Page:The parochial history of Cornwall.djvu/162

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as I said before, to the circumstances of the place, viz. that no table, fountain, well, or spring of water here, that passeth beneath the house, through the gardens, and the woods and groves of timber that still surround the same.

Contrary to this etymology, Mr. Carew, in his "Survey of Cornwall," page 153, says that godolphin signifies a white eagle, than which nothing can be more untrue; for, in all those compound words, there is not one particle or syllable relating thereto, or any other than the British language whatsoever: for wen erew, wen eryr, wen eriew, and by contraction wen-er, is a white eagle in the Welch, Little-Britannic, and Cornish tongues. [See Dr. Davis's British Lexicon, and Floyd upon Aquila.] In like manner Verstegan tells us, that, in the Saxon tongue, blond erna is a white eagle; as also in the German and Dutch tongues; and the French dictionaries inform us that blanch æegle, or aegle, is a white eagle; aeros [aetos] in Greek; aquila, in Latin; nesher in the Hebrew; from whence our British erew, erier, eryr, eriew, is derived.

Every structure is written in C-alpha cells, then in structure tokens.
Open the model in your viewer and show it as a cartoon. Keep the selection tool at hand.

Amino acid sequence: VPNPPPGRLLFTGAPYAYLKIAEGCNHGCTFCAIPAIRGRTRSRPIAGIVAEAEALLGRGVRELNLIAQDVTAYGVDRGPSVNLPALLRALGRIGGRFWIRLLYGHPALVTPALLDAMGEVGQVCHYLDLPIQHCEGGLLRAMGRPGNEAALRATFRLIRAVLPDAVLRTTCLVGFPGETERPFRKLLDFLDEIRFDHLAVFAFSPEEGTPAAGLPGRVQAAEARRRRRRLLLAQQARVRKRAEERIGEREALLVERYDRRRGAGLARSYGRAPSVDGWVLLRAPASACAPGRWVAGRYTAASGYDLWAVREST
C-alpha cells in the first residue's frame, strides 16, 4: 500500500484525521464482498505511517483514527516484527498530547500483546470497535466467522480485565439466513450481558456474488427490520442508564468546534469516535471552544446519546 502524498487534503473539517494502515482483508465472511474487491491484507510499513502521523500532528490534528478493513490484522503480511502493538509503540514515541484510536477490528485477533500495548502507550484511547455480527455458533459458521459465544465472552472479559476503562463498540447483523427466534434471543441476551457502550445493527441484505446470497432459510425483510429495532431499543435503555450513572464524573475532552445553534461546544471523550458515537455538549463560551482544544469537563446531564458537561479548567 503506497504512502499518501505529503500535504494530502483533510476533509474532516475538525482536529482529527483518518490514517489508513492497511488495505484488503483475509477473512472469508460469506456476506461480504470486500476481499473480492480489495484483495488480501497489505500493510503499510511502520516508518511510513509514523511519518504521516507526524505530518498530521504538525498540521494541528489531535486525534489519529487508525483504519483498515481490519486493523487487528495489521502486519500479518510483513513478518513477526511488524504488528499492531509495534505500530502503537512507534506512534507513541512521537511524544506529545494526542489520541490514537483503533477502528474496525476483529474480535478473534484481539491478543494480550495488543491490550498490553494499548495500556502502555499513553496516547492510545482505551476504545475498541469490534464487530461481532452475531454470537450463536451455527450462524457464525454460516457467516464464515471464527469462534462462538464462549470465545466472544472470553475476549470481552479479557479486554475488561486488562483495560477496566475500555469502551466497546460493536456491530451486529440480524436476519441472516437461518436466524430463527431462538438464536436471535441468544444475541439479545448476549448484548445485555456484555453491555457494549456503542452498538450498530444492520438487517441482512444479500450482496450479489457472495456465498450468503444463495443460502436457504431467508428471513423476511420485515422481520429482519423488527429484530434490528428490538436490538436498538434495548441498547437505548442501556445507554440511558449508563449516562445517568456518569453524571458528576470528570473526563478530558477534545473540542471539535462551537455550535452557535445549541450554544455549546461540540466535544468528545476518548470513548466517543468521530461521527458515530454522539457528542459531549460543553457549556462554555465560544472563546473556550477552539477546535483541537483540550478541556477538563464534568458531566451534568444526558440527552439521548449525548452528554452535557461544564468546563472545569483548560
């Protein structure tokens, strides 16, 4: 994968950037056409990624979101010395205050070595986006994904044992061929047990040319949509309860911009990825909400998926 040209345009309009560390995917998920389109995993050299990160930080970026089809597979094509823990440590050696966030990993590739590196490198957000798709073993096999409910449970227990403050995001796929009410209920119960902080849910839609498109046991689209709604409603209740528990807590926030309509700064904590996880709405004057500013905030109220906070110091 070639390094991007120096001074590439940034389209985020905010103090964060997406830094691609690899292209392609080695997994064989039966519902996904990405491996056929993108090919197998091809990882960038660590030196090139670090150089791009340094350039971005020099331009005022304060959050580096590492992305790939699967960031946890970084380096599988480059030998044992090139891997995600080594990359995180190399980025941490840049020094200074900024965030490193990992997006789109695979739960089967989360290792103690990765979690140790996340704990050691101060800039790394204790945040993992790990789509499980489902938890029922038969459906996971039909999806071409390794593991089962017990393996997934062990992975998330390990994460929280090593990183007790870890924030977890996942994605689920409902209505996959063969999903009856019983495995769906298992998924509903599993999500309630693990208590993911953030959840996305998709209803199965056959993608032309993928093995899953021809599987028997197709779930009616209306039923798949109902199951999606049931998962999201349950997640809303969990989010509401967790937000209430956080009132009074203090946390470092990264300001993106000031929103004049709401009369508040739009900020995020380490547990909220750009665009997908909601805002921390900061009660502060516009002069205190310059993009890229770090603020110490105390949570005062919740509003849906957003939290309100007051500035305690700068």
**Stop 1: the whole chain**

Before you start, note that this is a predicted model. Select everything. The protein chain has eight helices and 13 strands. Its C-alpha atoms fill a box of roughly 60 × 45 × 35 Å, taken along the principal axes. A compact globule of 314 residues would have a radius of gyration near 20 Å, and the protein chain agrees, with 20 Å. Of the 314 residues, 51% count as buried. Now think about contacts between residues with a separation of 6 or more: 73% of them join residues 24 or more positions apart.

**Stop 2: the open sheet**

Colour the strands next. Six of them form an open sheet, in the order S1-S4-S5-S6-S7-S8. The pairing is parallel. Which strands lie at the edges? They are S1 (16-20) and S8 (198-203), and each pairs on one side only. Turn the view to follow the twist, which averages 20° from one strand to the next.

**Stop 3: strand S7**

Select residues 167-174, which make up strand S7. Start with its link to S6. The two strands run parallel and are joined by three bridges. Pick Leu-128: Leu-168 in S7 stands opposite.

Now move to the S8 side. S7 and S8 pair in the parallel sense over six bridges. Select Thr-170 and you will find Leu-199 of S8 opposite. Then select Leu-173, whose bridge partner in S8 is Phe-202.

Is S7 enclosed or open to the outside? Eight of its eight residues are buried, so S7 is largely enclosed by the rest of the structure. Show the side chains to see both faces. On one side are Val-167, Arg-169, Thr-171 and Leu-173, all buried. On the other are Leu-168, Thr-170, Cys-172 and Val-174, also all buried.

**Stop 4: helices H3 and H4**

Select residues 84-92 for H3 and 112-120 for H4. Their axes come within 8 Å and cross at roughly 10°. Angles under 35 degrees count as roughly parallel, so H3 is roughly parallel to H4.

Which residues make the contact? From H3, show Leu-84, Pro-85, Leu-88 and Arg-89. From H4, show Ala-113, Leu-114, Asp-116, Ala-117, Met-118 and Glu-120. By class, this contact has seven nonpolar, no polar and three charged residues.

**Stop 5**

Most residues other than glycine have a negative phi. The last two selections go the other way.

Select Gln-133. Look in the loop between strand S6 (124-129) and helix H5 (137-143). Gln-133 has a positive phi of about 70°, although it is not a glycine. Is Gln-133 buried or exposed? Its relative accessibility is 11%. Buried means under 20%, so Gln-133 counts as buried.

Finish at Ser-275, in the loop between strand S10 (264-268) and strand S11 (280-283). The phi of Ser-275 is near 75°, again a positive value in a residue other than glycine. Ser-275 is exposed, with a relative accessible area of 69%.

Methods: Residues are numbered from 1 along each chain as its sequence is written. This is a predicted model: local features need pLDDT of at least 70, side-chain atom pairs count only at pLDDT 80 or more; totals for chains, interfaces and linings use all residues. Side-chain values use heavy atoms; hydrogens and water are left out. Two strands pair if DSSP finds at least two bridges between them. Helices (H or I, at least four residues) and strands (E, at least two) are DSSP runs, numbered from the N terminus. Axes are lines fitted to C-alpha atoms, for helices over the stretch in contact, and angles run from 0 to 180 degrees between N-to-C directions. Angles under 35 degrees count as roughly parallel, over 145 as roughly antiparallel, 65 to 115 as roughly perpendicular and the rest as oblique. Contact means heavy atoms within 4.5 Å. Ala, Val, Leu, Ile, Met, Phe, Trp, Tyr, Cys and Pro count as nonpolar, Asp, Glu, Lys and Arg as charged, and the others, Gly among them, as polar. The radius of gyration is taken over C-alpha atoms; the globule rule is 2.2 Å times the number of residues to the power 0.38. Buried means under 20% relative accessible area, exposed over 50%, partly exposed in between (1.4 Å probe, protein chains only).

In opposition to all those etymologies of the word godolphin, Mr. Sammes in his Britannia, and the author of the additions to Camden's Britannia, tells us that godolac in the Phenician tongue signifies a land of tin, from whence they apprehend the name of godolphin is derived, especially because tin is found in the precincts thereof, but surely not comparable in quantity to what is made in forty other places in Cornwall, that yet come not under that denomination of godolphin, as being tin land.

From the name I proceed to the matter or thing itself, viz. the manor and barton of Godolphin; which lands, in the time of Edward III., were the lands of Sir John Lamburne, Knight, of Lamburne in Peransand, whose daughter and heir was afterwards married to Sir Renphry, or John Arundell, of Lanherne, Knight, one